Wednesday, December 04, 2019

Eco-Reforms Don't Work

A report, known as European Environment – State and Outlook (SOER), is a comprehensive study produced every five years and details the health or otherwise of all natural systems across EU member states and others including Norway, Switzerland and Turkey. 

The old system – of “continuing to promote economic growth and seeking to manage the environmental and social impacts” – would not deliver the EU’s long-term vision of “living well, within the limits of the planet”, the report warned. Pursuing economic growth at the expense of the environment is no longer an option as Europe faces “unprecedented” challenges from climate chaos, pollution, biodiversity loss and the overconsumption of natural resources, according to the report. 

Europe was reaching the limits of what could be achieved by gradual means, by making efficiencies and small cuts to greenhouse gas emissions, with “transformational” change now necessary to stave off the impacts of global heating and environmental collapse, warned Hans Bruyninckx, executive director of the European Environment Agency.

“Marginal efficiency gains are not enough – they are not working to bring down emissions,” he said. “There is also a higher cost to marginal efficiency gains, if we keep investing in that. If we focus on making current technologies more efficient, there are limits. If we stick to what we know, it may seem easy but it doesn’t work in the long term.” Accepting environmental damage as an inevitable cost would lead to ecological collapse, Bruyninckx warned.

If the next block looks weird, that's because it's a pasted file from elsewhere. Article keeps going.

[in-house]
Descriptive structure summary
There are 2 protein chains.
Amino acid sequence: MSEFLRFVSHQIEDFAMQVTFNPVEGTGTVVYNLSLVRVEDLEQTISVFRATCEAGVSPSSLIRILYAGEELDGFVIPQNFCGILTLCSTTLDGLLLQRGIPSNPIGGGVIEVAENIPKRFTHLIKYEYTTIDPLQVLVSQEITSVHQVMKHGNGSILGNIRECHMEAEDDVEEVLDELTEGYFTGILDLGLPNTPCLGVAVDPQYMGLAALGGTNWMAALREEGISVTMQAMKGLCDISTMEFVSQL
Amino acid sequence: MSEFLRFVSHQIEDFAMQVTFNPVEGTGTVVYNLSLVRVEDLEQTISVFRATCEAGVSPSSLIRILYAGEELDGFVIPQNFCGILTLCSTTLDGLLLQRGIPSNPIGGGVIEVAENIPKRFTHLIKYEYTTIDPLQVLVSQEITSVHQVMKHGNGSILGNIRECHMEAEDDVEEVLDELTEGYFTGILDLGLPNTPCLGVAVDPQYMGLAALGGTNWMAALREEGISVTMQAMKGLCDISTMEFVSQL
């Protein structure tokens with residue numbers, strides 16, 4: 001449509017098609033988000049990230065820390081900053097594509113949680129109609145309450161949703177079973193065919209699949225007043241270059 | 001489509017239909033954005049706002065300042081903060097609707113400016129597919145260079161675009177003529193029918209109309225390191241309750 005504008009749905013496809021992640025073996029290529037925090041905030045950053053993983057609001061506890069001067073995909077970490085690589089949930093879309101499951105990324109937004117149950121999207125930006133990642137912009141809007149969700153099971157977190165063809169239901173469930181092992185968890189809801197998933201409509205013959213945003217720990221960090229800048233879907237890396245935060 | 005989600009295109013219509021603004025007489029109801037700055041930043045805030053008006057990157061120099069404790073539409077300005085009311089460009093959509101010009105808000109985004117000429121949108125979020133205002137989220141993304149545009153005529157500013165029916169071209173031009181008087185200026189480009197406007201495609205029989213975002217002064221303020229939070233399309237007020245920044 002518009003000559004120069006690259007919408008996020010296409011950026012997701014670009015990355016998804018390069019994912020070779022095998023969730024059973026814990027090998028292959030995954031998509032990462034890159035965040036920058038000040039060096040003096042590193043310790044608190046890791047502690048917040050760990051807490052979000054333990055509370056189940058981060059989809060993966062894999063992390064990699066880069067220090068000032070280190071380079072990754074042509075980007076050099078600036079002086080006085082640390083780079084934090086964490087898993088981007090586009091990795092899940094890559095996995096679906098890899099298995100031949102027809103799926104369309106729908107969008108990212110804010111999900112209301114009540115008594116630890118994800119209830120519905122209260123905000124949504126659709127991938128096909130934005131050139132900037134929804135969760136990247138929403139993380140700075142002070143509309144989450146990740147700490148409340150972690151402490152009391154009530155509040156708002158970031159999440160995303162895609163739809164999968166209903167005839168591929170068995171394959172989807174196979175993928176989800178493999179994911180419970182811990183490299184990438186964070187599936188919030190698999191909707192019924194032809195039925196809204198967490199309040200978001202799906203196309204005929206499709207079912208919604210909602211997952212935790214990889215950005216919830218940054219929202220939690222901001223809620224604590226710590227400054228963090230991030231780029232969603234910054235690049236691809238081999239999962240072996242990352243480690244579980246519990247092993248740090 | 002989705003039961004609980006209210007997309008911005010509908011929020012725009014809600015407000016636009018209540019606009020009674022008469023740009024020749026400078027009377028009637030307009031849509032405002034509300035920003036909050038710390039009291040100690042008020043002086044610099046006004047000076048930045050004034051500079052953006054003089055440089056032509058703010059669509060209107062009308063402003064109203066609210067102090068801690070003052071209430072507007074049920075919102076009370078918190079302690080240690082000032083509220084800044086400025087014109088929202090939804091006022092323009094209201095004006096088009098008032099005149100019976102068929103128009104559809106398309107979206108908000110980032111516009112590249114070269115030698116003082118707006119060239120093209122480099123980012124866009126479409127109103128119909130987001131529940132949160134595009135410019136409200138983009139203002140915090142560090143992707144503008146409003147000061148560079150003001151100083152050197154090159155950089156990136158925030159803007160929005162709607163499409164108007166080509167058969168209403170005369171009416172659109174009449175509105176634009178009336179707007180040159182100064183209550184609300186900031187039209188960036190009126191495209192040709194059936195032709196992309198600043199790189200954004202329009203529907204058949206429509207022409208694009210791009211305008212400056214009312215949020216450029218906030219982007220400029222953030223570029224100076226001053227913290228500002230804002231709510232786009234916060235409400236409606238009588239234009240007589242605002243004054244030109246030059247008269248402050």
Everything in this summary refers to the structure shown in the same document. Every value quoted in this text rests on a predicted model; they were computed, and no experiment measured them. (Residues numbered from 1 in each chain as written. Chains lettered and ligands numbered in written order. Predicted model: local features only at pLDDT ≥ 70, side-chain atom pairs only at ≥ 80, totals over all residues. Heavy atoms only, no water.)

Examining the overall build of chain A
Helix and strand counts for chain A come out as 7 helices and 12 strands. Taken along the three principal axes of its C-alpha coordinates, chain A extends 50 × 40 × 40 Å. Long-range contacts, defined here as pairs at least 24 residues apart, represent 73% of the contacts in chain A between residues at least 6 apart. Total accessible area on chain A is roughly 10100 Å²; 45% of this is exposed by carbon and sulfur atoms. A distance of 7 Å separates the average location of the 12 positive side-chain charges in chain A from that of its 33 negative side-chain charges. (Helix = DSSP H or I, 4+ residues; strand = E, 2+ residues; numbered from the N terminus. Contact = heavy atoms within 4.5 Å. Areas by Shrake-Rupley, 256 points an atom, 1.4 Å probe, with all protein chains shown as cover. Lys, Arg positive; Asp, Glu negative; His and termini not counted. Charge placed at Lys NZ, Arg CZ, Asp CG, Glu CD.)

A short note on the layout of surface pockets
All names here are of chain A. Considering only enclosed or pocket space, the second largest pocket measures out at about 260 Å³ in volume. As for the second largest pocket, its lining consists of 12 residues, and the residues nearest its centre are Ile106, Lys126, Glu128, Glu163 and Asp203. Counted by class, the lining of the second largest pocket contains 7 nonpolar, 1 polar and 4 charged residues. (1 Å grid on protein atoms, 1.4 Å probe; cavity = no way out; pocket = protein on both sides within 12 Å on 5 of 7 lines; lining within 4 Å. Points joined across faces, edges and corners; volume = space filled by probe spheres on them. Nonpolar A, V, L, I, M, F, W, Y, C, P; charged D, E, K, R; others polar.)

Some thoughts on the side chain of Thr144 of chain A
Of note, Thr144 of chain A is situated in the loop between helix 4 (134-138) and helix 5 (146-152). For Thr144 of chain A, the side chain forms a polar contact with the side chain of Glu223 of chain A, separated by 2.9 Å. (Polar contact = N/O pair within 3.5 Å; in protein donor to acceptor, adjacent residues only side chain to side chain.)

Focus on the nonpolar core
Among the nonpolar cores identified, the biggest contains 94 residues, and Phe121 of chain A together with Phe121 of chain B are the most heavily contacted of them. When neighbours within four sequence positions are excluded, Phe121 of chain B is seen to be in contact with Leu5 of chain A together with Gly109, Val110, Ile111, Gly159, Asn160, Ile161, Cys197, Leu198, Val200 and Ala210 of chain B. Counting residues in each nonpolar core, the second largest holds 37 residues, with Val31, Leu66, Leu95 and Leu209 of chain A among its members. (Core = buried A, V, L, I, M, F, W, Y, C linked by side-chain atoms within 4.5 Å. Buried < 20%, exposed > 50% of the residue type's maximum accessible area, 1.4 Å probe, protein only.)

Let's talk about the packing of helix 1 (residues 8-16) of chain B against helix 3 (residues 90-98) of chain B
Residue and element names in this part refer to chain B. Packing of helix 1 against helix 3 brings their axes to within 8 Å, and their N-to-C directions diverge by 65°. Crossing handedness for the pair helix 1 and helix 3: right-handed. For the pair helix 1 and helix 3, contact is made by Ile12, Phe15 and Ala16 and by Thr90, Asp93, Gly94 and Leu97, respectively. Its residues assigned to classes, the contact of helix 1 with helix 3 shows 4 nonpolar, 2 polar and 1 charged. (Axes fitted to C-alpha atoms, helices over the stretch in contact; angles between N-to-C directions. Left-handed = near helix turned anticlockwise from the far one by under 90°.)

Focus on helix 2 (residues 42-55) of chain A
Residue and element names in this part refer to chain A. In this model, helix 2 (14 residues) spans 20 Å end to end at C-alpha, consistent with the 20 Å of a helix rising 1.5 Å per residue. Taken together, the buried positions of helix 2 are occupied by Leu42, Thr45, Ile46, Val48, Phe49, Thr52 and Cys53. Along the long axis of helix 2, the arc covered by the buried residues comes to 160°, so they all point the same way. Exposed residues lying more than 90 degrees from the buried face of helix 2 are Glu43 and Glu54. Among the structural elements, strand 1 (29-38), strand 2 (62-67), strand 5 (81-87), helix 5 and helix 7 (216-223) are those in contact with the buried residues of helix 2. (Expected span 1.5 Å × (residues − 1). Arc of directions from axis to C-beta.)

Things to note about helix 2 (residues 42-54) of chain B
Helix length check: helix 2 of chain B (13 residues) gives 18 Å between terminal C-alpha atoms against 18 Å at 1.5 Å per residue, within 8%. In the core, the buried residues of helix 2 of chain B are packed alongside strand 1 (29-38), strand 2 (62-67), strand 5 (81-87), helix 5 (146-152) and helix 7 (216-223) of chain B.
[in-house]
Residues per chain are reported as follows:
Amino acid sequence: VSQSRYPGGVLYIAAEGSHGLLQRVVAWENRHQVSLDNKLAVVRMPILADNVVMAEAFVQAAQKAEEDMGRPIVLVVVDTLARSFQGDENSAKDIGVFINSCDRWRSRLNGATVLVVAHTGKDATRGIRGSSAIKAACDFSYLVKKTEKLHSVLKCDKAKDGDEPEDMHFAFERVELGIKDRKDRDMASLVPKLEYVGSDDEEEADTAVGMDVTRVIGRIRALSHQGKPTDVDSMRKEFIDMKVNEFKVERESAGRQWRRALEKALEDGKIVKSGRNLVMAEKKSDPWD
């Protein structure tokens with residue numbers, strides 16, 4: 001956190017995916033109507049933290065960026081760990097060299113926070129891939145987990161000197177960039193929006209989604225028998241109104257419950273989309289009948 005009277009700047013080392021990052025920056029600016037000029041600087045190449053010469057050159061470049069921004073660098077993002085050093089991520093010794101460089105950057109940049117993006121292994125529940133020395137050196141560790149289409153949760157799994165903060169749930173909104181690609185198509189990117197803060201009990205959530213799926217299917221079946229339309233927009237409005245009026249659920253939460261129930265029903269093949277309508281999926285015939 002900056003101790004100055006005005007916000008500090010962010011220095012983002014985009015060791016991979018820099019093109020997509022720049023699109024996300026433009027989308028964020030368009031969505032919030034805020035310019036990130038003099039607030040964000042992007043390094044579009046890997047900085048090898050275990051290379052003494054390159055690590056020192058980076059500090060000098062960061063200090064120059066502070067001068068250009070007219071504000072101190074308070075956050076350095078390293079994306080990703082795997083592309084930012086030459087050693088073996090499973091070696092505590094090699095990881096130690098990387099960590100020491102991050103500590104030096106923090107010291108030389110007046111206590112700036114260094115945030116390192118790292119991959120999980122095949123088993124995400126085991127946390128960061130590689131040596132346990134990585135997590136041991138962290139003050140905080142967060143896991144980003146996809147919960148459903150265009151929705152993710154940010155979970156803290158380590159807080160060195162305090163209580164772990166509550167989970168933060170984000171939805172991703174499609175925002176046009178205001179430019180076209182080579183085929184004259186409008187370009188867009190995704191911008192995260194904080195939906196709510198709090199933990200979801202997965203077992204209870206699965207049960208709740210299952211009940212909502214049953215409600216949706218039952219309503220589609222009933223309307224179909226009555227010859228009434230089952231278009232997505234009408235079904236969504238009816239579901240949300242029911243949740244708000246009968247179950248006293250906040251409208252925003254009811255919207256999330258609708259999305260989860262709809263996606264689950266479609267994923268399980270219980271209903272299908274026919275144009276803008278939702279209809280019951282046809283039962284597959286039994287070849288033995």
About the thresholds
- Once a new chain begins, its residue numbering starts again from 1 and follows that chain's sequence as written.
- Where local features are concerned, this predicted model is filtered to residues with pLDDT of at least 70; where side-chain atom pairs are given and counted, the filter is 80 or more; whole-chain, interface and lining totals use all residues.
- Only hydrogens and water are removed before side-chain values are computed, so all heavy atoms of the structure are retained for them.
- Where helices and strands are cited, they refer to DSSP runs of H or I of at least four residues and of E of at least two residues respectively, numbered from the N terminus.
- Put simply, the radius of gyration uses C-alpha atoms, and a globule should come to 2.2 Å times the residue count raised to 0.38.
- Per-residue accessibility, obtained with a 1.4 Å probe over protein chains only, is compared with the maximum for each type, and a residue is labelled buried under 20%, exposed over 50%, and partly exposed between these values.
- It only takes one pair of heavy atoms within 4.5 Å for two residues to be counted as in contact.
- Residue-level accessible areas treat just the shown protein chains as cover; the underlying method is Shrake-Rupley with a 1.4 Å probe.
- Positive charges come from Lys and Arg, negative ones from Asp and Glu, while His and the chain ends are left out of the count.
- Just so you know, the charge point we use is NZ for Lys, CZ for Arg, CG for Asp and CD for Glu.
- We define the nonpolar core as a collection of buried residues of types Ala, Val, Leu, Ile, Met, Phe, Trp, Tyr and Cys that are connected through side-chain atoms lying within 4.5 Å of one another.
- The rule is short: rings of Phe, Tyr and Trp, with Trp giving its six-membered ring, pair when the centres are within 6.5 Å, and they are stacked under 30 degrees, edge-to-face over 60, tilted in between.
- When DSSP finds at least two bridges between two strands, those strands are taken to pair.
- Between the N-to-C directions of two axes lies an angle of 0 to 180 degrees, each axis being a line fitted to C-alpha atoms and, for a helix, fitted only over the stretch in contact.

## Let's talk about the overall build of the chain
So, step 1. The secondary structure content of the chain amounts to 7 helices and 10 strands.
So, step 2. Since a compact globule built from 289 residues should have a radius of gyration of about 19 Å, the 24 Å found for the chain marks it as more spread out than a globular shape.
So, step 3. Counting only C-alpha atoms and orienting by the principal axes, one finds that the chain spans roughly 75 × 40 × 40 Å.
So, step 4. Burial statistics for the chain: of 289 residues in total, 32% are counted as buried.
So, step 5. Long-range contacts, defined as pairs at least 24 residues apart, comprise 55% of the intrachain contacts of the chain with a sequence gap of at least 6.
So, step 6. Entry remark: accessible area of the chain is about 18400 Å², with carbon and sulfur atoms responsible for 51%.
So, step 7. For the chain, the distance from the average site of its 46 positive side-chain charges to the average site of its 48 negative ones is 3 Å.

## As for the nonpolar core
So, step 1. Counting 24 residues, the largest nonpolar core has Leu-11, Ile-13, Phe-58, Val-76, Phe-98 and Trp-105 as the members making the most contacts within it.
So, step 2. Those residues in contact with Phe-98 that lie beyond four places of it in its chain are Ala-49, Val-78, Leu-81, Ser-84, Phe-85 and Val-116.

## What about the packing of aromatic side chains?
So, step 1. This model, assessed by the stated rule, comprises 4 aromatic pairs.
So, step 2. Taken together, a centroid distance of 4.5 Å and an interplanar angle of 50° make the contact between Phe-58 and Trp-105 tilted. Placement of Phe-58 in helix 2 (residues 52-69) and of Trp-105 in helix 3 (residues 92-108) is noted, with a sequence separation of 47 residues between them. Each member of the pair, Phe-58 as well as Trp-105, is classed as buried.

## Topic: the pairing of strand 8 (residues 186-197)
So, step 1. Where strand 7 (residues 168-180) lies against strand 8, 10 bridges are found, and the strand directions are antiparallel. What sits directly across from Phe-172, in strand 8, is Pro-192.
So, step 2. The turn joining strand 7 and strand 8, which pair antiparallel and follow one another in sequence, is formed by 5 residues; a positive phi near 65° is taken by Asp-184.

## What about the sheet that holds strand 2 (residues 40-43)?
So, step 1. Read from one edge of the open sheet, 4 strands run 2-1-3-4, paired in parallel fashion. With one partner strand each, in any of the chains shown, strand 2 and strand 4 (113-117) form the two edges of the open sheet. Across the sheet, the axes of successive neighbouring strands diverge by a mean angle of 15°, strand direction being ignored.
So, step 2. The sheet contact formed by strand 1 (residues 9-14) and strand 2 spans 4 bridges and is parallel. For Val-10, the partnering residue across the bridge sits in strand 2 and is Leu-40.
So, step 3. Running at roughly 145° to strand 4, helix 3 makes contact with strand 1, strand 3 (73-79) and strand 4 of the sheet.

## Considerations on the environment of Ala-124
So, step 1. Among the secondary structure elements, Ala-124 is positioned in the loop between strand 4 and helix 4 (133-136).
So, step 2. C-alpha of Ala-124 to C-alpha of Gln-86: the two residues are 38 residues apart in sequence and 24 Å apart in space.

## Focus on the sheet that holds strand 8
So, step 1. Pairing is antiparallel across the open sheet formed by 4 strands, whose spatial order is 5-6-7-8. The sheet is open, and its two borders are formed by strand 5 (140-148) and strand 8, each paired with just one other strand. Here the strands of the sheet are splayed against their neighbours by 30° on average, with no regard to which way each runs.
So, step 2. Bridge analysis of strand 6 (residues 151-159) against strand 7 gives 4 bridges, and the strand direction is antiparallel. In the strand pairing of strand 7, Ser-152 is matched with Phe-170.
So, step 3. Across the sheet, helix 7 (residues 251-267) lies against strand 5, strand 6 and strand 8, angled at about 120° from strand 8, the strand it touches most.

Fewer than a quarter of protected species and only 16% of habitats are in a good state of conservation. Reduced pollution has improved water quality, but Europe will miss by a long way its goal of having a “good” rating for all water bodies by 2020. Though air quality has improved, about a fifth of the urban population live in areas where concentrations of pollutants exceed at least one EU air quality standard, and 62% of ecosystems are exposed to excessive nitrogen levels.
Global heating has added to the risks to health. For instance, Bruyninckx pointed to the melting ice and permafrost in the far north as a little-considered danger. “Russia has buried some very toxic chemicals beneath the ice and we expect melting ice to release some of them,” he said. “Some chemicals are also sensitive to heat, so if we have more heatwaves that is a risk too.”
“Banning plastic straws and nudging renewable energy targets is no longer enough,” said Jagoda Munić, director of Friends of the Earth Europe. “Only the boldest action to transform our consumption and growth-obsessed economy will do. Every decision [Ursula von der Leyen, the new European commission president] makes must put environment, climate and justice first.”
Franziska Achterberg of Greenpeace added: “The new commission must follow [the EEA] advice and rethink the economic system that for decades has rewarded pollution, environmental destruction and human exploitation.”

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